Antiangiogenic effect of gemcitabine following metronomic administration in a pancreas cancer model.

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Mol Cancer Ther. 2008 Mar;7(3):638-47.
Antiangiogenic effect of gemcitabine following metronomic administration in a pancreas cancer model.
Laquente B, Lacasa C, Ginestà MM, Casanovas O, Figueras A, Galán M, Ribas IG, Germà JR, Capellà G, Viñals F.
Laboratori
de Recerca Translacional, Institut Català d'Oncologia-IDIBELL, Hospital
Duran i Reynals, L'Hospitalet de Llobregat, Spain.
Gemcitabine
shows a marked antitumor effect as a result of its cytotoxic action
toward proliferative cells. In this article, we aim to investigate the
potential antitumor and antiangiogenic effect of gemcitabine following
a metronomic schedule that involves the regular administration of
cytotoxic drugs at doses lower than standard treatment. In vitro
results showed that human endothelial cells are more sensitive to
gemcitabine (IC(50) 3 nmol/L) than pancreatic tumor cells (IC(50) 20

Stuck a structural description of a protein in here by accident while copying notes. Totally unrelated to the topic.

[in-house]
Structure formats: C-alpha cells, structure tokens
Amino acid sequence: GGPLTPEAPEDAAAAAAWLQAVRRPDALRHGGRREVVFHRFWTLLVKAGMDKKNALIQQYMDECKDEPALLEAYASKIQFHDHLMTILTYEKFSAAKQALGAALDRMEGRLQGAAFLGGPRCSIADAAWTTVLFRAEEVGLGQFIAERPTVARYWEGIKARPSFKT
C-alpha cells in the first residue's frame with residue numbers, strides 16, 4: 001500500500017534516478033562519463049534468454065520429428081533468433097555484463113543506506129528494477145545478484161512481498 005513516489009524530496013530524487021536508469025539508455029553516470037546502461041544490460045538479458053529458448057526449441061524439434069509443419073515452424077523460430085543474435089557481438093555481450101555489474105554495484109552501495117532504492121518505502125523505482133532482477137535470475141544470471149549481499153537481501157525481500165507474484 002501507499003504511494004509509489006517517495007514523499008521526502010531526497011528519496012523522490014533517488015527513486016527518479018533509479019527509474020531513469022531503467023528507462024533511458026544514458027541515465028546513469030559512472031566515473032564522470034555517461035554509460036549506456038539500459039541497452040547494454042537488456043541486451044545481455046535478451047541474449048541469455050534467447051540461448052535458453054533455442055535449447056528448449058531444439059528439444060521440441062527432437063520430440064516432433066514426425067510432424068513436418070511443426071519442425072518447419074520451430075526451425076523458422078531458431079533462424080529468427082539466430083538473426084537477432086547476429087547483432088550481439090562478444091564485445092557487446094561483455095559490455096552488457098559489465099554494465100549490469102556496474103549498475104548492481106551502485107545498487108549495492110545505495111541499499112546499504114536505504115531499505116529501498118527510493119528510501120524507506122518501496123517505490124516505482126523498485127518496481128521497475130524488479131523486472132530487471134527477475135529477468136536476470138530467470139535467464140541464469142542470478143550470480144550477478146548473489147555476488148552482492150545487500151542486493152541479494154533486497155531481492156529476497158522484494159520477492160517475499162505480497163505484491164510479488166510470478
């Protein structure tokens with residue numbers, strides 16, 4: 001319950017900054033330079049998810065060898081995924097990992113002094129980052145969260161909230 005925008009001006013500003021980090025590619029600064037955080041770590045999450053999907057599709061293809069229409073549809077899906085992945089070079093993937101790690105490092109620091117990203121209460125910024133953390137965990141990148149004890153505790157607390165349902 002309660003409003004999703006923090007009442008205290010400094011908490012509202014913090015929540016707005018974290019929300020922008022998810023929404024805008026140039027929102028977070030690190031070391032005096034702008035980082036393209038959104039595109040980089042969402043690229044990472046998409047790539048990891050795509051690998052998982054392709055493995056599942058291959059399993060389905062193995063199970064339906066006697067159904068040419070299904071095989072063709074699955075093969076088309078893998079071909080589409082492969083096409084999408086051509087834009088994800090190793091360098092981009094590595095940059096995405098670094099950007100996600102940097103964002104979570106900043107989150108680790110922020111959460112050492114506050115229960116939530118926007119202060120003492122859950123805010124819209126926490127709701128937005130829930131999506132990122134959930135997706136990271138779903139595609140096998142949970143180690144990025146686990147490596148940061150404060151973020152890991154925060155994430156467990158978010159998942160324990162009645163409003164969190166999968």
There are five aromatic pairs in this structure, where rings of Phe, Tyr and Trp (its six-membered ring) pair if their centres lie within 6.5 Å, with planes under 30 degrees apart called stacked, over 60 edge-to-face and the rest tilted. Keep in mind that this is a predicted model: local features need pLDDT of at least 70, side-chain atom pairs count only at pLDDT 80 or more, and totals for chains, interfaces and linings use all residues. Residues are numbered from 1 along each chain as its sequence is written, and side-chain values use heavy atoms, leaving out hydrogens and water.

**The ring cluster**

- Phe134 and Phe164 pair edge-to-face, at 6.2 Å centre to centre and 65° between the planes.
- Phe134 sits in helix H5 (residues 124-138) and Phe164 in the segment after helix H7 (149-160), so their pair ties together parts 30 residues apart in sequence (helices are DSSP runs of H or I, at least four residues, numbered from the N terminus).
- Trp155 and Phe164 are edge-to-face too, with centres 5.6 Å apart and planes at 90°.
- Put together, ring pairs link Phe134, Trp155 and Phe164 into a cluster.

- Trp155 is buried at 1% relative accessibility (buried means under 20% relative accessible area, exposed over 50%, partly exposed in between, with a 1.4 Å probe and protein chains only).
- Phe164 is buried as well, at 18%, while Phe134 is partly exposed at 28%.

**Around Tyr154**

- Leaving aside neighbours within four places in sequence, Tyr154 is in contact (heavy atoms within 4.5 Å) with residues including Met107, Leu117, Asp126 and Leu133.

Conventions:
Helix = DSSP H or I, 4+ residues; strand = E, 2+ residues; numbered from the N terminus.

nmol/L). For in vivo studies, we used an orthotopic implantation model
of human pancreatic carcinoma in nude mice.
Gemcitabine was
administered i.p. following a low-dose schedule (1 mg/kg/d for a month)
and compared with the conventional schedule (100 mg/kg days 0, 3, 6,
and 9 postimplantation). Metronomic treatment effect on established
tumor was equivalent to standard administration. The measure of CD31
endothelial marked area allowed us to show an in vivo antiangiogenic
effect of this drug that was further enhanced by using metronomic
administration. This effect correlated with an induction of
thrombospondin-1, a natural inhibitor of angiogenesis.
Our results
allow us to hypothesize that, in addition to a direct antiproliferative
or cytotoxic antiendothelial cell effect, a secondary effect involving
thrombospondin-1 induction might provide an explanation for the
specificity of the effects of metronomic gemcitabine treatment.